In February 2023, NECC parent Mike McKenna embarked on a trek walking across the United States to raise money for The New England Center for Children (NECC), where his son, Michael, has been a student for 17 years. After a solid start, McKenna suffered a medical setback that forced him to rethink his journey. Rather than quit on his mission, a determined McKenna reimagined the trip, opting to pick up where he left off in California and drive the route east. While his mode of transportation changed, his goal did not: to raise awareness of autism, to share Michael’s story with others, and to show that children with autism matter.
Across two weeks, McKenna drove from Los Angeles to Jupiter Beach, FL, meeting with autism advocates, supporters, and NECC staff alumni along the way. He also raised more than $86,000, which will fund specialized equipment and enrichment opportunities for students at the school. McKenna’s drive uncovered heartwarming stories of autism advocates and educators and hard truths about autism such as limited resources, awareness, and staffing.
“There are teachers and administrative professionals that dedicate their lives to kids and adults with autism. It’s a high burnout business, and these are some of the finest human beings on earth. They work tirelessly for others while asking little for themselves,” shared McKenna. “Wherever NECC-trained staff are today, they are taking the gold standard of autism education and care to help thousands of children with autism and the communities that support them. The importance of NECC is not local, and my journey made this clear to me. While NECC is housed in Southborough, its impact is national and international.”
Below are some of the highlights of McKenna’s journey.
Prior to beginning his cross-country drive, McKenna visited Marymount University in Arlington, VA, where he spoke to two psychology classes at the invitation of Professor Linda McKenna Gulyn, MSEd, PhD. In the two classes, McKenna shared his first-hand experience with autism and dealing with the extraordinary challenges that come with an autism diagnosis. The students were engaged, and the conversations were stimulating. These college students were also introduced to NECC as a potential employer, offering free graduate school and a meaningful career in autism education. “My stop at Marymount University opened an important dialogue between the school and NECC,” said McKenna.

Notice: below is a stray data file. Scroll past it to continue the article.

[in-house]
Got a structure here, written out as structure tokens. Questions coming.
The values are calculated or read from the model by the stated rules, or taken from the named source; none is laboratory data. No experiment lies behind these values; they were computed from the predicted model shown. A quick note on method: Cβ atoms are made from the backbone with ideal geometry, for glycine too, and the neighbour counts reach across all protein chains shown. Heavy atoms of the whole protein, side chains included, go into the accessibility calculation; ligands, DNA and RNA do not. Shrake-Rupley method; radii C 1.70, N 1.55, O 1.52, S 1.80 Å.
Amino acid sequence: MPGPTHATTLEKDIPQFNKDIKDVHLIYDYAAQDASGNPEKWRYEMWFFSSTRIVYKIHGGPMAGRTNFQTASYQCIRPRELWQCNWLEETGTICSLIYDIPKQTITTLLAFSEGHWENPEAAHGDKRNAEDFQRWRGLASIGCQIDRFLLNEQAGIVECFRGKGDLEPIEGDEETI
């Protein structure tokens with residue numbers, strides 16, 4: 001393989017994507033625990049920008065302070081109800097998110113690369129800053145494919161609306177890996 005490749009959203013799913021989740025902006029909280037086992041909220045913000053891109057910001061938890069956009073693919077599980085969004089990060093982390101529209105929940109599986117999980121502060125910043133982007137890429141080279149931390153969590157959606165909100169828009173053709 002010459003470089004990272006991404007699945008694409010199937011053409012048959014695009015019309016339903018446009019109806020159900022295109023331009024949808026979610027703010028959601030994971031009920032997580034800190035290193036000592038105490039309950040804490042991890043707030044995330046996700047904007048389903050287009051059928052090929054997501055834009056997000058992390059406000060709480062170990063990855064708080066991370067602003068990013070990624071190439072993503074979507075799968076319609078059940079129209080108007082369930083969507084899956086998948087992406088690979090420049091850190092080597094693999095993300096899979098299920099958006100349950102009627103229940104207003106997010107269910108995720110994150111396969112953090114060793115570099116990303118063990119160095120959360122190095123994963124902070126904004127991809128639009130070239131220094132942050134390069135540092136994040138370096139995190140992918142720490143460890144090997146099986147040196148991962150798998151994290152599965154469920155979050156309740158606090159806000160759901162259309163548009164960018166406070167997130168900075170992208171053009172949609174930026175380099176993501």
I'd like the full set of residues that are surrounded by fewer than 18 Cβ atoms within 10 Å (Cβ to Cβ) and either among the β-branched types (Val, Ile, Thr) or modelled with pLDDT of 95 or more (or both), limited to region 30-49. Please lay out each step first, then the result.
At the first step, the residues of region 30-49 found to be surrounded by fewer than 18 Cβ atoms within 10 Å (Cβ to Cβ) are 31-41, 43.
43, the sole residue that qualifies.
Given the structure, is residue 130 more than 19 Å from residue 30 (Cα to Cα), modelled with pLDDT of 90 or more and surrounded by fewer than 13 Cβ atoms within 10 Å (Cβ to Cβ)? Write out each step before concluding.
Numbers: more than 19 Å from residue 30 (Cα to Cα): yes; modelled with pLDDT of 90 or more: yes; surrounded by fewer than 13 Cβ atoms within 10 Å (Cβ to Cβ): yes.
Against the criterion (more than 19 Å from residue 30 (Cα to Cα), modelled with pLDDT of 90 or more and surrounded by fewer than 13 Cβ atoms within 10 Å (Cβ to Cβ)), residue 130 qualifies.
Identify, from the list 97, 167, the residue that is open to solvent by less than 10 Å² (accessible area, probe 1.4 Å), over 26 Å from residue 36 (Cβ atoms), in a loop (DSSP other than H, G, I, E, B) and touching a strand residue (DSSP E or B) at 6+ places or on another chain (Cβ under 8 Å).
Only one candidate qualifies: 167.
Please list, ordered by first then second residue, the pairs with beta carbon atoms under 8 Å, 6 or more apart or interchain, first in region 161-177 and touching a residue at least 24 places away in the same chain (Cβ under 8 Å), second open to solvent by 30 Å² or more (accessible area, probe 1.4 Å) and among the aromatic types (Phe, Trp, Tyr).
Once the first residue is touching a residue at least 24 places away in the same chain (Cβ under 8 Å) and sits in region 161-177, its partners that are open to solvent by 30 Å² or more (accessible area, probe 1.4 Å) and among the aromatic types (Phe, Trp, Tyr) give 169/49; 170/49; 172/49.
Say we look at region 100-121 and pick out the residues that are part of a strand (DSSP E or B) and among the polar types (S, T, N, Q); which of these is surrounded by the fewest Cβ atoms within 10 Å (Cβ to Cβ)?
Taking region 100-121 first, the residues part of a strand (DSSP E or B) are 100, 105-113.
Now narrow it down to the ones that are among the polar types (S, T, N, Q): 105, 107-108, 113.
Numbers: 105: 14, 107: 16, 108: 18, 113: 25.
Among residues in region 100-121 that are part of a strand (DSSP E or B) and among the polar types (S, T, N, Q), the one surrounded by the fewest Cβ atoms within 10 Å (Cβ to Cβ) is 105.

The next day, McKenna joined NECC recruiter Glorie Vital at a career fair at the University of Maryland. Here, he met with college students interested in a career in autism education and shared his story as a parent of a child with autism.
Los Angeles, CA
After a busy few days, McKenna flew from Washington, DC to Los Angeles to pick up where he left off with his walk and to begin his drive to Florida. While in California, McKenna met a gentleman named Ramon whose partner has a 4-year-old daughter with autism and shared a “touching moment” with him. “We shared our stories, our hopes and dreams for the futures of our loved ones and shared a few tears in the process,” said McKenna. “We became instant teammates and are now connected sharing information and helping one another.”
In Phoenix, McKenna met up with a former colleague and hosted a small reception to bring awareness of The New England Center for Children and how they help individuals with autism. According to McKenna, some of the guests were directly affected by autism and “it ushered a beautiful and honest exchange that I will never forget. That night, strangers became friends. It is amazing how much autism has affected our worlds directly or indirectly.”
El Paso, TX
McKenna stopped at the El Paso Autism Center to share information and experiences. During his visit, he met a woman named Molly, a full-time employee who works, fundraises, networks, educates, and devotes her personal and professional life to the autism mission. She is also a single mom raising two small children, both of whom are on the autism spectrum. “When you look around for a soldier for autism, look at Molly,” shared McKenna. “Molly is fighting the autism fight on multiple fronts every day.”
San Antonio, TX
While traveling through Texas, McKenna stopped in San Antonio to visit with NECC staff alumna and one of Michael’s former teachers Libby Rokowski, EdD, BCBA. Rokowski lives in San Antonio with her husband and three children and is now a special education teacher at Alamo Heights Independent School District. She worked at NECC for nearly seven years (from 2010 to 2016) as a residential counselor, a coordinator, then a program specialist. She earned her master’s degree in education from Simmons University while working at NECC and then her doctorate degree in education from Northeastern University.